Three Rivers News, 2005-10-17


Caitlyn Durant and Amanda Peterson (pictured above) along with Mishilla Harrison danced at the Galaxy Palace Theatre in Disneyworld on October 8! They were part of Disney Magical Music Days.
They started their day wit h a special breakfast with Mickey and met other dancers from across the country. They got to meet dancers from Georgia and Massachusetts as well as another group from Maine. They also had a backstage tour of Disney and got to see many “secrets” of the Magic Kingdom.

Caitlyn and Amanda dance with the Morgan Hill Dancers which is run by Morita’s School of Dance. Dance classes are held at the Milo Town Hall on Wednesdays. Miss Denise is the teacher and she is wonderful. We are all proud of you girls!

Saturday, November 12
BJHS Alumni Hall Brownville Junction
9am to 1pm
Table rentals are $15.00
For rentals call Linda Coburn at 965-8421

Milo Historical Society Program To Feature Local Author
The Milo Historical Society invites the public to attend a program featuring local author and scholar, Walter Macdougall who will speak on the life and accomplishments of Moses Greenleaf, Maine’s first mapmaker. The program will be on Thursday, Oct. 20 at 7:00 PM at the historical society museum on High St., next to Bailey Lumber Co.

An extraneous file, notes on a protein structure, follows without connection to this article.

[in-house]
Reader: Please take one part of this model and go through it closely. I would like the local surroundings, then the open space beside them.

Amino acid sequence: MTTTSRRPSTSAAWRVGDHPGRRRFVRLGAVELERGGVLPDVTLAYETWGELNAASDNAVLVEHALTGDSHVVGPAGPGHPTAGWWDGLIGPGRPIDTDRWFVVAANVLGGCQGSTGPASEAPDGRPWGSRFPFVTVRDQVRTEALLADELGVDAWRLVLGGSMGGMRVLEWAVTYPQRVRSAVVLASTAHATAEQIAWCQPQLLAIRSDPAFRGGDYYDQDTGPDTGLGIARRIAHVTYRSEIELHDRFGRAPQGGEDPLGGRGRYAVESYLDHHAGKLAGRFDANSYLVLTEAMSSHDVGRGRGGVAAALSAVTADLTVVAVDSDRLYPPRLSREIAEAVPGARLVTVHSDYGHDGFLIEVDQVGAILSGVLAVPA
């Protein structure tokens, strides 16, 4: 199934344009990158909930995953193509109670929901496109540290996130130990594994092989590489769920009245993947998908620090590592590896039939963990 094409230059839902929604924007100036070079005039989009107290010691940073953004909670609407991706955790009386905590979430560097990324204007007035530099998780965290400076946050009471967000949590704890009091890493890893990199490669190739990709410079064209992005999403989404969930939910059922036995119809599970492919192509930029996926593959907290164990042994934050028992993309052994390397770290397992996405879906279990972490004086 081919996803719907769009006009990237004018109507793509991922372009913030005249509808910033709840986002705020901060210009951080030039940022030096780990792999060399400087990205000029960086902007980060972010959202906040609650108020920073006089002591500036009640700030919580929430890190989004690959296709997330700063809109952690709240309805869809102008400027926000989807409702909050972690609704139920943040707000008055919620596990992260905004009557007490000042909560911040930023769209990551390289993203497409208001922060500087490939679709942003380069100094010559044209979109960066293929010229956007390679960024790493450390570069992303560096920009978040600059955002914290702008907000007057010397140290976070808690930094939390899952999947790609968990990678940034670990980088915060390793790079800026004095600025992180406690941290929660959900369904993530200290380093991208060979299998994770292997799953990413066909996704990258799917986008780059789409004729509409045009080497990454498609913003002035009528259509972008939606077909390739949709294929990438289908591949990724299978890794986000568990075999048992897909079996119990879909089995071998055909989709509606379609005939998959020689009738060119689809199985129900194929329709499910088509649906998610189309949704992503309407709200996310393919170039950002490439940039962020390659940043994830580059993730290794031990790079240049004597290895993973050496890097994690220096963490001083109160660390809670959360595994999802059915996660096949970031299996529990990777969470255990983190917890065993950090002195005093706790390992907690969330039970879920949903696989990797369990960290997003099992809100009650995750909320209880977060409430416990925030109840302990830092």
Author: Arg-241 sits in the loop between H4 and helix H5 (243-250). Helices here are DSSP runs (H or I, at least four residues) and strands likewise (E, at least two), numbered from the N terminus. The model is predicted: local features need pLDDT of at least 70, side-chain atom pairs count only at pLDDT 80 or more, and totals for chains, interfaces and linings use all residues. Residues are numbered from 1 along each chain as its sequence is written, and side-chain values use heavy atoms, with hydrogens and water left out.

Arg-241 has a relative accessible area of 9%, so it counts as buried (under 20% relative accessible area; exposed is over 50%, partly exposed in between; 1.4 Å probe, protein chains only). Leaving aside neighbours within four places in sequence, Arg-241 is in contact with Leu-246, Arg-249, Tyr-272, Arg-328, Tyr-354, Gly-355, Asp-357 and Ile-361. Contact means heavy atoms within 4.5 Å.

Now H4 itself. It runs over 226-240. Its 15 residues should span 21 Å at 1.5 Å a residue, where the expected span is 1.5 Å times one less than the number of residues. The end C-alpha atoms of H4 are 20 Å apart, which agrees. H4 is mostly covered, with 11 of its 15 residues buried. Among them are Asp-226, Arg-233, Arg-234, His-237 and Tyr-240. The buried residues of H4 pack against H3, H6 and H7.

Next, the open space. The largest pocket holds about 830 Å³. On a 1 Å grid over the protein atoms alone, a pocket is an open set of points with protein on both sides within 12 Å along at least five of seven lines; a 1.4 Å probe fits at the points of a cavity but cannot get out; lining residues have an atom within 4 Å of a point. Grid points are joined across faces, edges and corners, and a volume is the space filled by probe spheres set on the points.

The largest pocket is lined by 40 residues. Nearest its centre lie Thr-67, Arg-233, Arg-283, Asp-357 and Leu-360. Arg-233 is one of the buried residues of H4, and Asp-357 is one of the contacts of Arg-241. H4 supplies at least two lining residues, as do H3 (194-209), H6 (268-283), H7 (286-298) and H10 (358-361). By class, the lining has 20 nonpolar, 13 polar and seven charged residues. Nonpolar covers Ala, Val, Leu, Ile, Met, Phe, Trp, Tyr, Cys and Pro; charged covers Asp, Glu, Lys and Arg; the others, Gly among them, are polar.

Autumn Supper of Yankee Pot Roast
Saturday, October 29, 2005
BJHS Alumni Hall Brownville Jct.
5 to 6:30 PM
$6.00 adults and $2.50 12 and under
October 29 at Brownville Elementary
Proceeds to benefit the 5th grade trip to Boston.

Several students from the Spanish classes of Mr. Gillett at Penquis Valley High School will be working hard to collect returnable cans and bottles on Saturday, October 22. Proceeds from this bottle drive will help fund a student trip to Spain in 2006. Students will be visiting homes and businesses in the Milo, Brownville and Lagrange areas this Saturday.

If you will not be home and would still like to help out, please leave your bottles and cans in a bag or box by your door or on your porch. If you have a large collection to donate, please call and we can make a special stop before the bottle drive begins.